End of Session Summary: Economic Development

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Jun 2, 2016 No Comments ›› maxinegrad

A Summary of the Legislature’s Work on Commerce and Economic Development

2015-Legislative-UpdateFirst Time Homebuyers

Last year, we passed an Economic Development Bill that created a first-time homebuyer down payment assistance program that provides up to $5,000 to Vermonters in the form of a 0% interest rate loan, repaid to the Vermont Housing Finance Agency when the main mortgage is refinanced or the home is sold. In the first six months of the program, 72 loans were financed. The average age of the new homeowners is 31 years with an average income of the buyers being $63,600.  This year, the legislature extended the first time homebuyers tax credit until 2022.

Matching Employees with Employment

Adequately aligning our workforce skills with employment needs is key to prosperity in our state. Vermont, like New Hampshire and Maine, is facing workforce shortages as the number of retirees surpasses the number of new, younger workers hitting the market.

The news is good for Vermont workers – more jobs are available. Vermont’s employers, however, still struggle to find employees with the specific skills to meet their work demands. The legislature has funded an array of programs to help bridge this gap. For example, this year we invested up to 10% of the Vermont Training Program Fund’s work-based learning programs for students. We also updated to our Workforce Development Board statutes to better align with federal workforce support programs. From technical and career center programs, to workforce training, to non-degree education grants – Vermont is well on its way to creating a stronger, more agile, and prosperous workforce.

Strengthening Vermont’s Economy

Vermont’s premier economic development programs are the Vermont Employment Growth Incentive (VEGI) and the Vermont Economic Development Authority (VEDA). This year, the legislature strengthened both programs based on conclusive evidence that they are effective tools in expanding the number of good paying jobs here in Vermont.

Vermont Economic Development Authority (VEDA)

This session, we increased the lending authority for VEDA by $25 million to expand the number and size of loans they can lend. Their single loan size was also increased from $2 to $5 million.  

The legislature also increased the amount of money that VEDA can transfer from the Vermont Jobs Fund to the Vermont Agricultural Credit Corporation (VACC) by $40 million. VACC makes farm loans available to strengthen existing farm operations, encourage diversification, support beginning farmers, and encourage marketing and processing of Vermont agricultural products. Forestry products and businesses were added to the credit program at the same time the cap was increased. Taken together, the legislature approved an additional $65 million dollars to support economic development in the upcoming fiscal year.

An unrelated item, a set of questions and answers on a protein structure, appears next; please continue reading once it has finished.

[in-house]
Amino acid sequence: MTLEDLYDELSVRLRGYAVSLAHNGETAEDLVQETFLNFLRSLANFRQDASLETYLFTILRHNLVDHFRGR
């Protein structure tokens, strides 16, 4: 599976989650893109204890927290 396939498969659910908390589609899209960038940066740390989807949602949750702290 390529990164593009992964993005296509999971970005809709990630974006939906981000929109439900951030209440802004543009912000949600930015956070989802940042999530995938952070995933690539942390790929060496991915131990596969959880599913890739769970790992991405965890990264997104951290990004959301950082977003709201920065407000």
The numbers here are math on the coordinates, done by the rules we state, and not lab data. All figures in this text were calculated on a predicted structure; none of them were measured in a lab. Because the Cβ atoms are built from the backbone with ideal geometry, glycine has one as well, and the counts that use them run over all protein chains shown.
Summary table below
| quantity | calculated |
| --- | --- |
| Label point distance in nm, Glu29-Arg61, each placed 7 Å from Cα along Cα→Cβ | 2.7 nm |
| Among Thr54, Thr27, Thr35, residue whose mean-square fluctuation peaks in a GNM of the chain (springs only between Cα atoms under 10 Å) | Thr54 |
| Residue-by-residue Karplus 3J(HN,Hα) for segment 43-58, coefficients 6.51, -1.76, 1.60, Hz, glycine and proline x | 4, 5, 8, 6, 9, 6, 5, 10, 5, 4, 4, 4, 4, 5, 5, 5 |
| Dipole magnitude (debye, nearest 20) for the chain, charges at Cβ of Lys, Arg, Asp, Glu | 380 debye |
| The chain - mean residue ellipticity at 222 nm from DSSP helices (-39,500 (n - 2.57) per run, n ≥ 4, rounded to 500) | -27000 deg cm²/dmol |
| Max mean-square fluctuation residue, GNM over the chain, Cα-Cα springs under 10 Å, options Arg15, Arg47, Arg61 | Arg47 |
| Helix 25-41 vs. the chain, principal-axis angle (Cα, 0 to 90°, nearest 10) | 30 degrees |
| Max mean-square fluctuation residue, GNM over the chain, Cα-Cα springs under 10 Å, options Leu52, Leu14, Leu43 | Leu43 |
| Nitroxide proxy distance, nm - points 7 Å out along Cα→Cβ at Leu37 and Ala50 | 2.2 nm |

Vermont Employment Growth Incentive (VEGI)

Since VEGI was established in 2007, it has generated over 7,000 new jobs with average annual wages of approximately $50,000. It is considered to be one of the best tax incentive programs in the country. In an effort to make the program more effective and appealing to potential applicants, the criteria for applications were streamlined and clarified, statutory guidelines were replaced, the process for deciding program caps was redesigned, and an unused property tax stabilization incentive was eliminated.

Acknowledging that the VEGI program has worked well for some types of large employers, the legislature directed the Joint Fiscal Office to work with experts to evaluate the underlying assumptions of the program. Additionally, the overall goals and outcomes of the program will be evaluated, including if we are serving businesses located in our “job growth centers” – regardless of size.

Bolstering our Creative Economy

Vermont’s thriving arts sector enhances our economic vitality and contributes significantly to our public and private assets. This year, the legislature appropriated $30,000 to the Vermont Arts Council to establish the Vermont Creative Network, in collaboration with other partners. The network will function as a communications, advocacy, and capacity building entity to bolster Vermont’s creative sector and enhance our quality of life. Vermont’s highly successful Farm-to-Plate Program will be the model for the network.  Since its establishment, the program has increased sales of Vermont’s farm products by 32% and increased employment in that sector by 11%.

A University of Massachusetts Dartmouth analysis showed in 2014 over $304 million in direct spending in Vermont by individuals and businesses in the creative sector (narrowly defined as artists, arts organizations, and arts venues). The creative sector leveraged an additional $247 million in economic output for businesses throughout Vermont. The same study found that 4,300 Vermonters are employed in the creative sector and another 3,000 are employed in jobs related to the sector. The total amount of compensation (including benefits) generated by Vermont’s creative sector was over $158 million with an additional $14.7 million paid in state and local taxes.


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